At the beginning of 2020, I set my Goodreads challenge goal at 52 books, just over half as many books as I read in 2019. I hypothesized that the book-a-week pace would allow me the time to ponder and reflect rather than binge and forget. I envisioned sitting with a notebook and a pen at my side, writing down notes, quotes, and insights and facilitating a deeper reading of each book.
It’s possible this would have worked and perhaps would have made me a better person in some un-quantifiable way, but I didn’t have a chance to test it out. After a slump in March, I overshot my monthly reading goal by an average of 7.67 books per month (Goal: an average of 4.33 books per month. Actual: an average of 12.00 books per month).
This change in plan ended up working very well for me. Immersing myself in books—hardcover, paperback, e-books, and audiobooks—gave me the chance to spend a good chunk of time looking through another person’s eyes. Several years ago I heard a radio show (it might have been this episode of Radiolab) about fMRI research showing that the brain function of someone reading an author’s prose mirrors the brain function of the author as she was writing the same piece of prose. There are a lot of reasons for skepticism about fMRI interpretation (see: dead-salmon study), but accurate or not, this mirroring is consistent with how it feels for me to read good fiction. And taking a brief vacation into someone else’s head was a very welcome experience in 2020.
In addition to this self-medication against the stresses of the year, my increased reading was also driven by my decision to use a literature-based curriculum for my children’s homeschool history and literature. We’re using Emily Cook’s Build Your Library (a combination of Levels 5, 6, 11, and 12 because I can’t not mess with curriculum), and the booklists are extensive and (with a couple of exceptions) excellent. Of the 144 books Goodreads gives me credit for reading this year, 48 were books I read with my children for Build Your Library, and that’s not even all on their lists, just the ones I managed to keep up with. As I determine my 2021 reading goal, I’m taking Build Your Library books into account.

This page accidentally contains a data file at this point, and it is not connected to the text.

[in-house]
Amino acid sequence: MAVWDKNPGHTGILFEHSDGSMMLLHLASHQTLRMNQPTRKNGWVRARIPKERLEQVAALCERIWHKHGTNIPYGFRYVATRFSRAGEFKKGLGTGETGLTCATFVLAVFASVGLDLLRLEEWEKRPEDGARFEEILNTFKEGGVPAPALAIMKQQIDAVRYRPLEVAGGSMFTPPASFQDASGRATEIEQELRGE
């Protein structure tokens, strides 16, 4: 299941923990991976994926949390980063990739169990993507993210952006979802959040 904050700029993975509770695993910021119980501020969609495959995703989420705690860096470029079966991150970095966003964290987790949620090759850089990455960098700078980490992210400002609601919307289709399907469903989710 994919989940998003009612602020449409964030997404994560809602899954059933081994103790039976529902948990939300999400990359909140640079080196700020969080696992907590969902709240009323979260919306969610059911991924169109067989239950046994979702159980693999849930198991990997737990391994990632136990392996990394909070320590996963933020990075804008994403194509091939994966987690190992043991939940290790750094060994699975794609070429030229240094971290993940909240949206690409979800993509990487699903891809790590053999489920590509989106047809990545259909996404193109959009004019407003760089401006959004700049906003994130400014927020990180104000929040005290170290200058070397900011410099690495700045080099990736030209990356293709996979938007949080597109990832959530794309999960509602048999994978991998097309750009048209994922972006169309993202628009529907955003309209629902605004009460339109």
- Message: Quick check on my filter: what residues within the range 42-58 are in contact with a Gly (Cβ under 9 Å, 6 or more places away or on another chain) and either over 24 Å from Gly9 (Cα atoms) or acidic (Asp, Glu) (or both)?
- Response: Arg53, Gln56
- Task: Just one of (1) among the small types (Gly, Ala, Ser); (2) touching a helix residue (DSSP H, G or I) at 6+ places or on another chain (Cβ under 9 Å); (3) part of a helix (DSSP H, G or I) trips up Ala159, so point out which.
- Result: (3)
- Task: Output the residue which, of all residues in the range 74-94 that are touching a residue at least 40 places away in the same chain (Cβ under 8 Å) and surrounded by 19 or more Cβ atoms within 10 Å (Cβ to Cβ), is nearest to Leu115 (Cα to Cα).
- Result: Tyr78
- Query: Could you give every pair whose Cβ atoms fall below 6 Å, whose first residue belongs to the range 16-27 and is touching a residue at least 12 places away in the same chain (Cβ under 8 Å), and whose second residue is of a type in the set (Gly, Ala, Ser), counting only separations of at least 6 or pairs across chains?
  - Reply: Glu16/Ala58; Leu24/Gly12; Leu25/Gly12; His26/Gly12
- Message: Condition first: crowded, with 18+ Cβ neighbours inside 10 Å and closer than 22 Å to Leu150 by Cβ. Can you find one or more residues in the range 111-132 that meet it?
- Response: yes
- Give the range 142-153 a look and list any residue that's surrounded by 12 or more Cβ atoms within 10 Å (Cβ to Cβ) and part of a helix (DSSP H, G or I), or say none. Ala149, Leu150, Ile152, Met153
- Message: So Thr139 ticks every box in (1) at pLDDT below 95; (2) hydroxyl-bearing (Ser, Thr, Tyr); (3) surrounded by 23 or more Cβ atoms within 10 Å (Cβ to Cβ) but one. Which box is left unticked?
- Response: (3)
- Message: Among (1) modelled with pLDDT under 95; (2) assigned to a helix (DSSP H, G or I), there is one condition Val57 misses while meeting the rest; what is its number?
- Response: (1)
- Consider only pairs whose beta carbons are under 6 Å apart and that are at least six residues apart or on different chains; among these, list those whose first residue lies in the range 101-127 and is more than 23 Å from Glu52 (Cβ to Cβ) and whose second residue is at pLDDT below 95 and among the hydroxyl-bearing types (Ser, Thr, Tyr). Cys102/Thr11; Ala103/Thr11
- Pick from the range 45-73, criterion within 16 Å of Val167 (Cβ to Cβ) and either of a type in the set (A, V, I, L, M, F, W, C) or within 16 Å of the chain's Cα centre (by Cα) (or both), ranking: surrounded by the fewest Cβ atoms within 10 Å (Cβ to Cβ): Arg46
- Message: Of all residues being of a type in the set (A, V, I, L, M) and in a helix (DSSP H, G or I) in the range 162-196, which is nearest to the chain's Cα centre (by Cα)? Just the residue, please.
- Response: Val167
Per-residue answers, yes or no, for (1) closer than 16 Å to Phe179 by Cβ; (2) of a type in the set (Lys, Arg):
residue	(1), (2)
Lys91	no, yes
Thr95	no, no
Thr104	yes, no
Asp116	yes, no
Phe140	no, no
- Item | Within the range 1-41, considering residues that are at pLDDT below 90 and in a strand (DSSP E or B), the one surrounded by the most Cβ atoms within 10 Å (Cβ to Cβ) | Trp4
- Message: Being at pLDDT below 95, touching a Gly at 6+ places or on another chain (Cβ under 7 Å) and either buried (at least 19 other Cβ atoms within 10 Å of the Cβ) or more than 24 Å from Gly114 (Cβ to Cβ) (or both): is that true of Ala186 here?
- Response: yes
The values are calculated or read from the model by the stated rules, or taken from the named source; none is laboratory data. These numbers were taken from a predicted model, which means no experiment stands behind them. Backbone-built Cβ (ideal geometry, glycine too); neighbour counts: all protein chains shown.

You can see the titles by visiting my monthly Bookends posts for 2020, but here are the stats (main stats are from Goodreads, pretty charts are from TheStoryGraph, which doesn’t count DNFs):
Number of books read: 144 (140 finished, 4 DNF)
Average books per week: 2.77
Average books per day: 0.39
Pages read for the year: 43,043
Average pages per day: 117.60
My Top Ten Reads for 2020:
And that’s my reading for 2020.
What does 2021 hold for my reading life? Well, I’m planning to keep up with the things I loved with my reading in 2020, like Build Your Library, #bookspinbingo, and Bookends posts, and I’m going to add a #ReadingAsia challenge and read books recommended for me as part of #newyearwhodis. In 2020, I transitioned almost all of my book buying from Amazon to local booksellers, Bookshop.org, and Biblio.com, and I bought a Kobo so I could disconnect from the Kindle world and get ebooks from our city library (which doesn’t support Kindle) as well as our county library (which does), and I plan to continue distancing myself from Bezos in 2021. I’m not even a single gnat to behemoth Amazon, but I feel good about this decision and about the opportunity to connect with and support booksellers in my city. I also plan to continue using the library. I’m hopeful that it will be safe for the library to reopen for browsing so I can resume my weekly library hangout time by autumn; in the meantime, there’s curbside.
So, farewell to a year that brought surprises that shouldn’t have been surprises and hundreds of thousands of deaths that shouldn’t have happened this year, and hello to a new year certain to bring things we don’t expect. Hopefully it will be mostly nice things, like friendly kitties, pretty sunsets, people being neighborly, and elected officials committed to promoting unity and much-needed reform.
A note regarding reading trackers:
I am currently using five different reading apps. Each one provides a little something different, so I’m hesitant to give up any of them.
- I love Litsy for social interactions among people who are also a little nutty about books, for sharing photos and short reviews, reading challenges (like #bookspinbingo, #scarathlon, and #WinterGames), and basic TBR management.
- I like this one for managing my home library, half-star ratings, the ability to choose and upload covers and to record so very many details about each book, advanced sorting, requesting ARCs, and playing the scavenger hunts they host several times a year.
- This was the first online tracker I used, way back before Amazon acquired them. I have a bit of a one-sided feud going with Amazon, so I have been trying and trying and trying to jettison GR, but it’s really good for writing and perusing reviews, I like the way they do their shelves, and I’m used to it.
- I started using this one just for library challenges (Summer Reading, etc), but it’s really good for tracking reading time for various other readathons and challenges, and it’s super easy to add books.
- This is my newest addition. Its strengths include much better book recommendations than GR and beautiful graphs. There’s likely more awesomeness here, but I’ve just gotten started.
As you can see, I really can’t get rid of any of these reading trackers. It’s okay, though, because so far I’m still spending more time reading than I am writing about or tracking reading. I think. I should probably get a reading tracking tracker to know for sure.
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